The value of labor-saving machinery is a subject which we have often discussed in these columns, and we should not now return to it were it not that we sometimes meet the assertion, that the extended use of labor-saving machinery has created a disability on the part of labor to compete with capital. We cannot suppose any one in this enlightened age will claim that anything calculated to constantly put power into the hands of one class, at the expense of another, not to say a very much larger class, could ultimately lead to anything but tyranny on the one hand, and abject servitude on the other. The condition of labor, at the present time, is, we maintain, better, on the whole, than at any previous time in the history of the world. Slavery and serfdom are nearly extinct throughout the civilized world, and if wages be estimated, not in dollars, but in comforts of life received as the reward of industry, they are higher now than at any previous period. Of course, we do not, in this statement, take into account any temporary difference which might be found upon comparing the prices of to-day with ruling prices existing a few years since. What we wish to make plain is, that if a mean be struck, from the commencement of the Christian era to the present time, it will be found that labor has made much greater progress than capitah It will further be found, that the most progress has been made since the introduction of labor-saving machinery, and assert, that such machinery has been a propelling power, not a resistance to be overcome in this progress. The peculiarity of the eff'ect of labor-saving machinery, of greatest importance in a social point of view, as affecting the status of classes, is the local concentration of labor, at the same time that it subdivides it into departments. Few manufactures now exist in which more than a part of the article produced is made by a single operative. In the majority of cases, the thing made passes through many hands before its completion. In order that the one article thus manufactured by the help of many workers can be made economically, it is necessary that the workmen should be brought together. This coming together is an element of social power which labor did not possess before the introduction of labor-saving machinery. The result is association to protect mutual interests, and capital has latterly found it a very difficult matter to usurp undue authority since these associations have fully developed their power. It has enough to do to hold its own. Labor-saving machinery is the only thing that renders cooperation possible in the mechanic arts. This kind of organization is yet destined to play an important part in the history of civilization. If these facts are true, and we think them indisputable, labor has not suffered disability, but, on the contrary, has derived increased power to compete with capital from the use of labor-saving machinery, and those who think otherwise base their opinions, we think, upon a too narrow view of the subject.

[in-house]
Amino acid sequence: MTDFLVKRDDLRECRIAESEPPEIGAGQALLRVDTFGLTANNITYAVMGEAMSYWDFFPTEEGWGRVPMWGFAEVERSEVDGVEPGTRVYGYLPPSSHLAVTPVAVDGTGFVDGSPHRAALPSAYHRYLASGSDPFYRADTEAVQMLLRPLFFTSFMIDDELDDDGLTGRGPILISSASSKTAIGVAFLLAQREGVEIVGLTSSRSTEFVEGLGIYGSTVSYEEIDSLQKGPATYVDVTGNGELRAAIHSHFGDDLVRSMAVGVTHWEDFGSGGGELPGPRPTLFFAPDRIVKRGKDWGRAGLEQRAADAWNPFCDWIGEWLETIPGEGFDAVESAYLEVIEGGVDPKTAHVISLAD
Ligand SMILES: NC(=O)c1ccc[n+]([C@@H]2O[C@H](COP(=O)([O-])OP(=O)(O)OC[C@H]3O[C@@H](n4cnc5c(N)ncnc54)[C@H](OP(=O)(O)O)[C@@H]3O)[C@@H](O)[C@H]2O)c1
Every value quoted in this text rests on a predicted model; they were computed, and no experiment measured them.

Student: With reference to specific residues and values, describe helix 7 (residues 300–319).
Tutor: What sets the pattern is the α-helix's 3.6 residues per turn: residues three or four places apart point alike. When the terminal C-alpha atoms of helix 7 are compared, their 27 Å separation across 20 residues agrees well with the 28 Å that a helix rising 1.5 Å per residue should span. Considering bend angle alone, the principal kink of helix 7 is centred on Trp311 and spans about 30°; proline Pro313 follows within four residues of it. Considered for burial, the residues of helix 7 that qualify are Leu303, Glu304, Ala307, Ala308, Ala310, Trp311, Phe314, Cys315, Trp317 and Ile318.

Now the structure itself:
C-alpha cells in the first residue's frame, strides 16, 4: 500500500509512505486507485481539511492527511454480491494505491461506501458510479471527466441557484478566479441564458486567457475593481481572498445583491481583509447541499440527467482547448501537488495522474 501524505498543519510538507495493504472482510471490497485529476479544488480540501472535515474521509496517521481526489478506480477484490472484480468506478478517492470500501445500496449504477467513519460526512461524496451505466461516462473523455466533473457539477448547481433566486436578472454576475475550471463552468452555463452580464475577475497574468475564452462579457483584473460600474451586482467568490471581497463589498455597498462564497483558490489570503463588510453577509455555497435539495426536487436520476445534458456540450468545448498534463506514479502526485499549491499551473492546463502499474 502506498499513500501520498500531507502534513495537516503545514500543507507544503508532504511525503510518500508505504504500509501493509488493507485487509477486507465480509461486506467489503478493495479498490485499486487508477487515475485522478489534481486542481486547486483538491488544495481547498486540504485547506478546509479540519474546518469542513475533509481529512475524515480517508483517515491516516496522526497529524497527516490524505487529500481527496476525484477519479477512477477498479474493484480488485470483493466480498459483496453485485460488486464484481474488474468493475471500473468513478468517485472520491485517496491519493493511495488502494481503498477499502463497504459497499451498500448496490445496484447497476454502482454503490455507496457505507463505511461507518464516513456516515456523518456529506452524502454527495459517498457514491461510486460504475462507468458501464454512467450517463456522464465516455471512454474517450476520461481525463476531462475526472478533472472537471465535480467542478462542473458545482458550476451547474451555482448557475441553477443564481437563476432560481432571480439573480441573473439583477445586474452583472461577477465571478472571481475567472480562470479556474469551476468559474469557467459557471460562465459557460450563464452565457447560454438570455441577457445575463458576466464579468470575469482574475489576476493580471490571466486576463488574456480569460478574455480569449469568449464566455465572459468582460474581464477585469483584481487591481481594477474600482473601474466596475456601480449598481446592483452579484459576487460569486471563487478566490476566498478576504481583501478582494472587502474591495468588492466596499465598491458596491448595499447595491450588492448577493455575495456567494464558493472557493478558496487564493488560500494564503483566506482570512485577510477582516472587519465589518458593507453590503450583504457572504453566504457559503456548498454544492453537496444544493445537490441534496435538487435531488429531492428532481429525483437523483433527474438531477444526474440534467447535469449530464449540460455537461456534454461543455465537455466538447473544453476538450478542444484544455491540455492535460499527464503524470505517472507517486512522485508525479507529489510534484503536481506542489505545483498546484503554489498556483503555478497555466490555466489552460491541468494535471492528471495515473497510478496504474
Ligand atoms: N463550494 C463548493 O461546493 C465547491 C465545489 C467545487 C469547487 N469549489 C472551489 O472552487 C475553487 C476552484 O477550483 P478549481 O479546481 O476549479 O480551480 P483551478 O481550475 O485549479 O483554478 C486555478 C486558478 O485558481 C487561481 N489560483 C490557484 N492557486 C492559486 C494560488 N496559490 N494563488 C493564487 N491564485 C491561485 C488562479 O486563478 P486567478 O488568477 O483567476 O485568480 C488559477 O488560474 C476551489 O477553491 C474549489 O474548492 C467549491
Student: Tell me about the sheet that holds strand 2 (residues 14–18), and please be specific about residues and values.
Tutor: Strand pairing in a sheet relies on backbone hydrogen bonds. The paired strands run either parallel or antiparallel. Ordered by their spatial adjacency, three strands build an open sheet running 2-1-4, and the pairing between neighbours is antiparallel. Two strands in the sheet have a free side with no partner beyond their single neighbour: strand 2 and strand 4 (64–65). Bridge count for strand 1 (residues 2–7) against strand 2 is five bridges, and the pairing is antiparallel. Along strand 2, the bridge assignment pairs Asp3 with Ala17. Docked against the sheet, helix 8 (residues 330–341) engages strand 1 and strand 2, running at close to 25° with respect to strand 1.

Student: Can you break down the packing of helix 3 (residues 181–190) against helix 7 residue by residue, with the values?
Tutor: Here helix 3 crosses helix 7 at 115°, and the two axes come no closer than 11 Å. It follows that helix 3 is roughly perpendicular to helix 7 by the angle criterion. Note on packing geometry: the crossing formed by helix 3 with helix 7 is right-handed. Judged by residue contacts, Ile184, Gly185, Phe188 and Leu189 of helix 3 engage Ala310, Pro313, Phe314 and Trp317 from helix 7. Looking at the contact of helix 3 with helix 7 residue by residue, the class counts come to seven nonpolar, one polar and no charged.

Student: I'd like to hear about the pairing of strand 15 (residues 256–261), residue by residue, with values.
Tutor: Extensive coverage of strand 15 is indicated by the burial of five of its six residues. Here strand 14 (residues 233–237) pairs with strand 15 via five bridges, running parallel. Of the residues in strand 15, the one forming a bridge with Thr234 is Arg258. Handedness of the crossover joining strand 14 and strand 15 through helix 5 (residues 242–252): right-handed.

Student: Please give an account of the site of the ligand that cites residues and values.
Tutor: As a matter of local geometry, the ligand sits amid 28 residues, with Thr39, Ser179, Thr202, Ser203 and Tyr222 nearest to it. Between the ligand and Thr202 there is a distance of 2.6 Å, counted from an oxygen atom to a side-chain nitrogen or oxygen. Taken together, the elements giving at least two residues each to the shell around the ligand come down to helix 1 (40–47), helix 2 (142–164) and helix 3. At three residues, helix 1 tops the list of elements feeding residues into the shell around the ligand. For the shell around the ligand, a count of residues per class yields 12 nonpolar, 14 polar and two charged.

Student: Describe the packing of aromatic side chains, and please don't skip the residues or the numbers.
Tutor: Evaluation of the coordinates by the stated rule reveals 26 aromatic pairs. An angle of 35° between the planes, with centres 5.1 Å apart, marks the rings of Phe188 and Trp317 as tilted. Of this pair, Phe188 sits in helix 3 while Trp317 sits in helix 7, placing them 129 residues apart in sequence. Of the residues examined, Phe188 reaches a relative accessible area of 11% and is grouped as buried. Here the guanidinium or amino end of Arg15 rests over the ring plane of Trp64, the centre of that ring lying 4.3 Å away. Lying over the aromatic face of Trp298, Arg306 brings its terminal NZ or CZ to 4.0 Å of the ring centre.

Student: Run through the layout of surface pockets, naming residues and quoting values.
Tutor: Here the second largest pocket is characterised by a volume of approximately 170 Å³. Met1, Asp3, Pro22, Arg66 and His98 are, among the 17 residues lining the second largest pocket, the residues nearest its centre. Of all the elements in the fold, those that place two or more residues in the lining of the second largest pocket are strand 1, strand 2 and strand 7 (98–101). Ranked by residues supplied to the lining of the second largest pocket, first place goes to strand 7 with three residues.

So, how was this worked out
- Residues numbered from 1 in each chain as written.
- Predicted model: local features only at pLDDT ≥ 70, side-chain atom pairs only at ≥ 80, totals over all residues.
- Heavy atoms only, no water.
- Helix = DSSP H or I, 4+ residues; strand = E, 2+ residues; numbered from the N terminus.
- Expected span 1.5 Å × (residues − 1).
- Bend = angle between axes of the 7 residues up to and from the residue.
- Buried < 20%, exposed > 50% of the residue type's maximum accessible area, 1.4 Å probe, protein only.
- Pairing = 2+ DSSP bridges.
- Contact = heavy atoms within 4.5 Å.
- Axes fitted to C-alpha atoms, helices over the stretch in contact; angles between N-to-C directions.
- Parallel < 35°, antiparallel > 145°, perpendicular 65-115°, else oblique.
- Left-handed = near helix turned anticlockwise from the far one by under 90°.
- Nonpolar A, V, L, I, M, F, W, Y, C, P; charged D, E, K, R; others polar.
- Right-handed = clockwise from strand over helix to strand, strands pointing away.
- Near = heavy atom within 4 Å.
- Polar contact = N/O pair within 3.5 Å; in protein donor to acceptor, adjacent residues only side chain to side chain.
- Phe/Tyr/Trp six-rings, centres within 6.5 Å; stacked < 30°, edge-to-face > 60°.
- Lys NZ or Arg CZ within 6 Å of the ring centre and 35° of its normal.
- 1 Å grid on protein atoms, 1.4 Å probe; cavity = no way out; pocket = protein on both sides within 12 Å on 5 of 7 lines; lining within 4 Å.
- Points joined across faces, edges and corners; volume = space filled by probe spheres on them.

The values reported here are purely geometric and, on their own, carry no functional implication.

This article was originally published with the title "Labor-Saving Machinery and Co-Operative Labor" in Scientific American 21, 10, 153 (September 1869)